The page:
Unsafe food is linked to the deaths of an estimated 2 million people annually – including many children. Food containing harmful bacteria, viruses, parasites or chemical substances is responsible for more than 200 diseases, ranging from diarrhoea to cancers.
New threats to food safety are constantly emerging. Changes in food production, distribution and consumption; changes to the environment; new and emerging pathogens; antimicrobial resistance – all pose challenges to national food safety systems. Increases in travel and trade enhance the likelihood that contamination can spread internationally.
The topic for World Health Day 2015 is food safety
As our food supply becomes increasingly globalized, the need to strengthen food safety systems in and between all countries is becoming more and more evident. That is why the WHO is promoting efforts to improve food safety, from farm to plate (and everywhere in between) on World Health Day, 7 April 2015.
WHO helps countries prevent, detect and respond to foodborne disease outbreaks – in line with the Codex Alimentarius, a collection of international food standards, guidelines and codes of practice covering all the main foods and processes. Together with the UN Food and Agriculture Organization (FAO), WHO alerts countries to food safety emergencies through an international information network.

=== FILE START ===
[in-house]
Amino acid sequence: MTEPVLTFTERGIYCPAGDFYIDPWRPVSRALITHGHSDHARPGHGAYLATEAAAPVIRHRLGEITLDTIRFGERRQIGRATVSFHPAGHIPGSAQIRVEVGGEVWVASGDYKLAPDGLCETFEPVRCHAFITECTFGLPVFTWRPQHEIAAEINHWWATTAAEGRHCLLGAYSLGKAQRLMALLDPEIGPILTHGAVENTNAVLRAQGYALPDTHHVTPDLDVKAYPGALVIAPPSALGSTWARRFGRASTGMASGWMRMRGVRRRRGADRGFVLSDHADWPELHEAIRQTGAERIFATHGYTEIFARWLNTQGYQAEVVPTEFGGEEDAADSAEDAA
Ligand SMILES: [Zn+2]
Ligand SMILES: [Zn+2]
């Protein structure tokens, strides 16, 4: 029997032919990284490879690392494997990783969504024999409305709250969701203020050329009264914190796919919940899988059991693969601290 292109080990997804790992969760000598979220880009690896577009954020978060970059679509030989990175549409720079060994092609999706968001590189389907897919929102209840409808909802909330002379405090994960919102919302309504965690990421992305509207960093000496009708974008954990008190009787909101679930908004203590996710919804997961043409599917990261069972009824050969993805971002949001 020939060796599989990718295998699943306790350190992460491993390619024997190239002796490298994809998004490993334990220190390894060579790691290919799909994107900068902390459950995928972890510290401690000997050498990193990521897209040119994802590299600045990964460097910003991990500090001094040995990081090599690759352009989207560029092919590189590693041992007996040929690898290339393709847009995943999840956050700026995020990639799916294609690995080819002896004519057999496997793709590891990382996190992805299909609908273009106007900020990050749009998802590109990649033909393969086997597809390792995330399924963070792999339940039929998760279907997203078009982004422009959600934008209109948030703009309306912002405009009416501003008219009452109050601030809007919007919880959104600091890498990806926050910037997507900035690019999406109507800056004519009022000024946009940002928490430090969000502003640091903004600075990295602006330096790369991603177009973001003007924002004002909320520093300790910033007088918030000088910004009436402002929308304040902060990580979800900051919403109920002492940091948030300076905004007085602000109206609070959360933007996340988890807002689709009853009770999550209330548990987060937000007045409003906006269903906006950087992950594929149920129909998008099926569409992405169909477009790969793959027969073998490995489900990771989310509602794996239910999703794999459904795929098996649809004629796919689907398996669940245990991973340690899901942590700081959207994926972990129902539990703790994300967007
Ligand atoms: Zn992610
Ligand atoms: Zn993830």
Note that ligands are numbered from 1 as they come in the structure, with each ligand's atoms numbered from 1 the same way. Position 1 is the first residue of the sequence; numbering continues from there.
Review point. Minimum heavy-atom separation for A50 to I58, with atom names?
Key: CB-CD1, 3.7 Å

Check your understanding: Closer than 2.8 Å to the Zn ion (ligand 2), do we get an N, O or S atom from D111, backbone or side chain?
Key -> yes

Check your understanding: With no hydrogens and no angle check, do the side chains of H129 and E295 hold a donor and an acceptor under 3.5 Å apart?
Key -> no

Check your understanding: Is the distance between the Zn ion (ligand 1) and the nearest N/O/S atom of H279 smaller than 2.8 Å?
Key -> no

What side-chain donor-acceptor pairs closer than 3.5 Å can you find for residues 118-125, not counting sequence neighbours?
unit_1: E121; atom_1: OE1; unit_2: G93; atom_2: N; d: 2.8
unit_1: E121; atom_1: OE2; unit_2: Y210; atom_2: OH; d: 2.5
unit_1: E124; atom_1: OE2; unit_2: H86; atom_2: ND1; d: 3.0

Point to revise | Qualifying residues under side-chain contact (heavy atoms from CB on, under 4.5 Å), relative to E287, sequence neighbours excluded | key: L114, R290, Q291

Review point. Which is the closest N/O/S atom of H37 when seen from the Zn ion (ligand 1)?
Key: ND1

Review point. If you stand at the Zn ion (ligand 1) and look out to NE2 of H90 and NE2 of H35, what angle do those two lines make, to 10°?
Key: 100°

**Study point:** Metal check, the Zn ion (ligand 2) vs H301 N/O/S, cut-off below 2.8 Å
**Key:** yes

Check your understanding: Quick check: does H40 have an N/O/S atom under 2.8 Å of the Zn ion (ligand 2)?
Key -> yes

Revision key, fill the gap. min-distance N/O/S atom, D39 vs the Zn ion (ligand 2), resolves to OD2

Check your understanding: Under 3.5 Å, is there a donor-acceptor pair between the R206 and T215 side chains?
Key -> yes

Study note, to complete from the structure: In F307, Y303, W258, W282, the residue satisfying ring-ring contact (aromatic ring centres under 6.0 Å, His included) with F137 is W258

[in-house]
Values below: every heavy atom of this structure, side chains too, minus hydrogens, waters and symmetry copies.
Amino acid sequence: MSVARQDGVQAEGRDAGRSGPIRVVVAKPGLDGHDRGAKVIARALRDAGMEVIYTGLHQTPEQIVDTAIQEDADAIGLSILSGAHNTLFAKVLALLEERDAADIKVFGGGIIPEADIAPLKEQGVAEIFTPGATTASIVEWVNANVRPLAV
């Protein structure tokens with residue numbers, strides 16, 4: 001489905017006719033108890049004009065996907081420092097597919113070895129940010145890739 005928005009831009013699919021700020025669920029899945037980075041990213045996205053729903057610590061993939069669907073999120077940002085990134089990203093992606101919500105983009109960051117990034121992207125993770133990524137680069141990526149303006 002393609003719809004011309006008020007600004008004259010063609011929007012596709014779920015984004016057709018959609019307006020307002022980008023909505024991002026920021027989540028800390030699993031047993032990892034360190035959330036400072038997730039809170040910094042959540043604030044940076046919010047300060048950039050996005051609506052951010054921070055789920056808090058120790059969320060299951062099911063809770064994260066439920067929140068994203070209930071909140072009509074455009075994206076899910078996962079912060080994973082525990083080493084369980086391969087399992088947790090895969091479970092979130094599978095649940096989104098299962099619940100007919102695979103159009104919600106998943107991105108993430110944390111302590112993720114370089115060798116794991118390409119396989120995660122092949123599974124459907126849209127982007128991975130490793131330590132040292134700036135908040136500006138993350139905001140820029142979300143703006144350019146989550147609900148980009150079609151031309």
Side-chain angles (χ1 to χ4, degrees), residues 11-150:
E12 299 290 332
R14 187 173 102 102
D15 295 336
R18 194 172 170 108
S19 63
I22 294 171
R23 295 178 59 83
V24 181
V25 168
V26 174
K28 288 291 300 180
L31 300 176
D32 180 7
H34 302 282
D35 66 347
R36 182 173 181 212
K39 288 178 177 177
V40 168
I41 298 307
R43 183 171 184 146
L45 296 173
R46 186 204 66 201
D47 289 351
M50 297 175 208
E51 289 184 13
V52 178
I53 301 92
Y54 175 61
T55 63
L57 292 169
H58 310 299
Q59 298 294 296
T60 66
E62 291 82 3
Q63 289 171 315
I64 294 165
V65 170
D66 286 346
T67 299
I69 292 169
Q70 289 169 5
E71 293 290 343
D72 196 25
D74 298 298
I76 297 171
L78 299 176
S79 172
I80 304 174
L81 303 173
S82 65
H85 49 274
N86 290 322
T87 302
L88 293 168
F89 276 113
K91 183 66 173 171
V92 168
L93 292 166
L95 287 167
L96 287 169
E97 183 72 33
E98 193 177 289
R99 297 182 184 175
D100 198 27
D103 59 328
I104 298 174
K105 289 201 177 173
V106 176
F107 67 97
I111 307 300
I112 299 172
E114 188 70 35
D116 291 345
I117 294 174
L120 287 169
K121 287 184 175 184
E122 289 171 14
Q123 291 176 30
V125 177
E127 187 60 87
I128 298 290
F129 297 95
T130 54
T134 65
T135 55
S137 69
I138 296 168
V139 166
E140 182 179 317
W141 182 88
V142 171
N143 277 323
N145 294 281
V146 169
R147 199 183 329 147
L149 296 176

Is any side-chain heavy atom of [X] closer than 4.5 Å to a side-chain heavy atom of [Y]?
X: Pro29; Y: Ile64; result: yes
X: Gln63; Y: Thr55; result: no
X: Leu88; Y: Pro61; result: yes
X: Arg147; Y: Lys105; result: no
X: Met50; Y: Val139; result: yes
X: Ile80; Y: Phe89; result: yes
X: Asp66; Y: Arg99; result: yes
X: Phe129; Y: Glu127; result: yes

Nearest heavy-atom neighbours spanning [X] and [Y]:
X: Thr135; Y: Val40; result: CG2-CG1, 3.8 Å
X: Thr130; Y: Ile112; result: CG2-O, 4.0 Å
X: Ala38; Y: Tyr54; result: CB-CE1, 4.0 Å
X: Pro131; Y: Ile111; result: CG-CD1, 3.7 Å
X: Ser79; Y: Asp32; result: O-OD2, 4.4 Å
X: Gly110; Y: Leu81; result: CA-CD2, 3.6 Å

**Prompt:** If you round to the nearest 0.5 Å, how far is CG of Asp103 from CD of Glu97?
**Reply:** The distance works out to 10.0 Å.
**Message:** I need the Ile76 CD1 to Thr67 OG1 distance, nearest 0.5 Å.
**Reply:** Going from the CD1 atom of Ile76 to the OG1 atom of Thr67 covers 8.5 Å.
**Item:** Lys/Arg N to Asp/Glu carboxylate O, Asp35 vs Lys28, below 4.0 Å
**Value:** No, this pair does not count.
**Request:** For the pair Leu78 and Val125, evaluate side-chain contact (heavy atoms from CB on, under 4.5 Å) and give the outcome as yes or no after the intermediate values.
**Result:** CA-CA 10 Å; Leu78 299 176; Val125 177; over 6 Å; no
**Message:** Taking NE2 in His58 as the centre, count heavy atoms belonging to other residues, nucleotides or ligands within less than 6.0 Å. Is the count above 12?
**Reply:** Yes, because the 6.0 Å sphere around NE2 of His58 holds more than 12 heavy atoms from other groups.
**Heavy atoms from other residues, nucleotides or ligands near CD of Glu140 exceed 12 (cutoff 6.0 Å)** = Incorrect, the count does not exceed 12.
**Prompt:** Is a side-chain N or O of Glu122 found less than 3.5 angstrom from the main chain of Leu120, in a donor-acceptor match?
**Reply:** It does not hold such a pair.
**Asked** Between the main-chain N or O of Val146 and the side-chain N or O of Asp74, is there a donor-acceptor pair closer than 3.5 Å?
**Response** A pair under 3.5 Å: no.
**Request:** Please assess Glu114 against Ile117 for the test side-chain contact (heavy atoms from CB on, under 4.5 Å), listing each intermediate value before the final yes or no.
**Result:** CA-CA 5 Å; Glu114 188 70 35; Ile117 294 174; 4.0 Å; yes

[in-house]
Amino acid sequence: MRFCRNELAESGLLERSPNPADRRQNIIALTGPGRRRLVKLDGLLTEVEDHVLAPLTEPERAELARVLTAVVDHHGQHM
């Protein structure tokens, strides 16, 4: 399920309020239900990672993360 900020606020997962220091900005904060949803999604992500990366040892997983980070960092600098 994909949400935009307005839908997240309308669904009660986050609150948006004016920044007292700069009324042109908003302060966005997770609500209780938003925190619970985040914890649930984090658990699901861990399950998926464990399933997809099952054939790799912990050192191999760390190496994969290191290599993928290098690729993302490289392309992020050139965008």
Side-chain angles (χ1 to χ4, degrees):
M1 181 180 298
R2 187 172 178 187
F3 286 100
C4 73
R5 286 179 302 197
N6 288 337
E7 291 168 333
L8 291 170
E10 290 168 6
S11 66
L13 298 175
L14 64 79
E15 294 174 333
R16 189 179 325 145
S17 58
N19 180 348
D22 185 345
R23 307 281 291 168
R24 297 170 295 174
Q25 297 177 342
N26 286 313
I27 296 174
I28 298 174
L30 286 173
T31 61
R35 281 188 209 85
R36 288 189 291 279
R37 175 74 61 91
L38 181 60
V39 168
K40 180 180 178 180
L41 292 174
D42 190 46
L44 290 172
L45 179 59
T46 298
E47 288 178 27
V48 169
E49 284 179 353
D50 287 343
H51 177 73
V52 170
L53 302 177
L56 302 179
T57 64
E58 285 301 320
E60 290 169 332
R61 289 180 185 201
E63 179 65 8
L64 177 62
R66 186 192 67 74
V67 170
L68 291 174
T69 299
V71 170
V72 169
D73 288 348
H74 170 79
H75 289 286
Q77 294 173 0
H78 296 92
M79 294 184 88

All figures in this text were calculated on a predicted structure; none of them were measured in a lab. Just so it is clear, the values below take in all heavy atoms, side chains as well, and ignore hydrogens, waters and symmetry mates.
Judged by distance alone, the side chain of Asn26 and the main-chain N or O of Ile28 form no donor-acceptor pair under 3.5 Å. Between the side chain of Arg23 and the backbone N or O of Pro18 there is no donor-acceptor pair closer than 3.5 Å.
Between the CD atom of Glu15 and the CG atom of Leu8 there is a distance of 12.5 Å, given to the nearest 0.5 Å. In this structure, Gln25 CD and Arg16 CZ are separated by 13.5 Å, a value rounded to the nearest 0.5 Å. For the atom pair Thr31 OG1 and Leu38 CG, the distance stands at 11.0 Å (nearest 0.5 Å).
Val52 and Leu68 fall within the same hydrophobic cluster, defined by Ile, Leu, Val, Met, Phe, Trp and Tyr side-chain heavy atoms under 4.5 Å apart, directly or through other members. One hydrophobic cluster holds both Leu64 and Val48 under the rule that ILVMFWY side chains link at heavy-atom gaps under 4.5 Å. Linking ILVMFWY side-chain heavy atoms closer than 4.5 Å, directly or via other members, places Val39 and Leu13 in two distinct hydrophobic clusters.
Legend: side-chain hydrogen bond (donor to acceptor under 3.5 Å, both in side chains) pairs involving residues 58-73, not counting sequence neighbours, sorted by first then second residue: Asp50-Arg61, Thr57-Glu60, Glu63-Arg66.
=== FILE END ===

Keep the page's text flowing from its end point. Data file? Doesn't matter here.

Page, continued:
Five keys to safer food
Food safety is a shared responsibility. It is important to work all along the food production chain – from farmers and manufacturers to vendors and consumers. For example, WHO’s Five keys to safer food offer practical guidance to vendors and consumers for handling and preparing food:
- Key 1: Keep clean
- Key 2: Separate raw and cooked food
- Key 3: Cook food thoroughly
- Key 4: Keep food at safe temperatures
- Key 5: Use safe water and raw materials.
World Health Day 2015 is an opportunity to alert people working in different government sectors, farmers, manufacturers, retailers, health practitioners – as well as consumers – about the importance of food safety, and the part each can play in ensuring that everyone can feel confident that the food on their plate is safe to eat.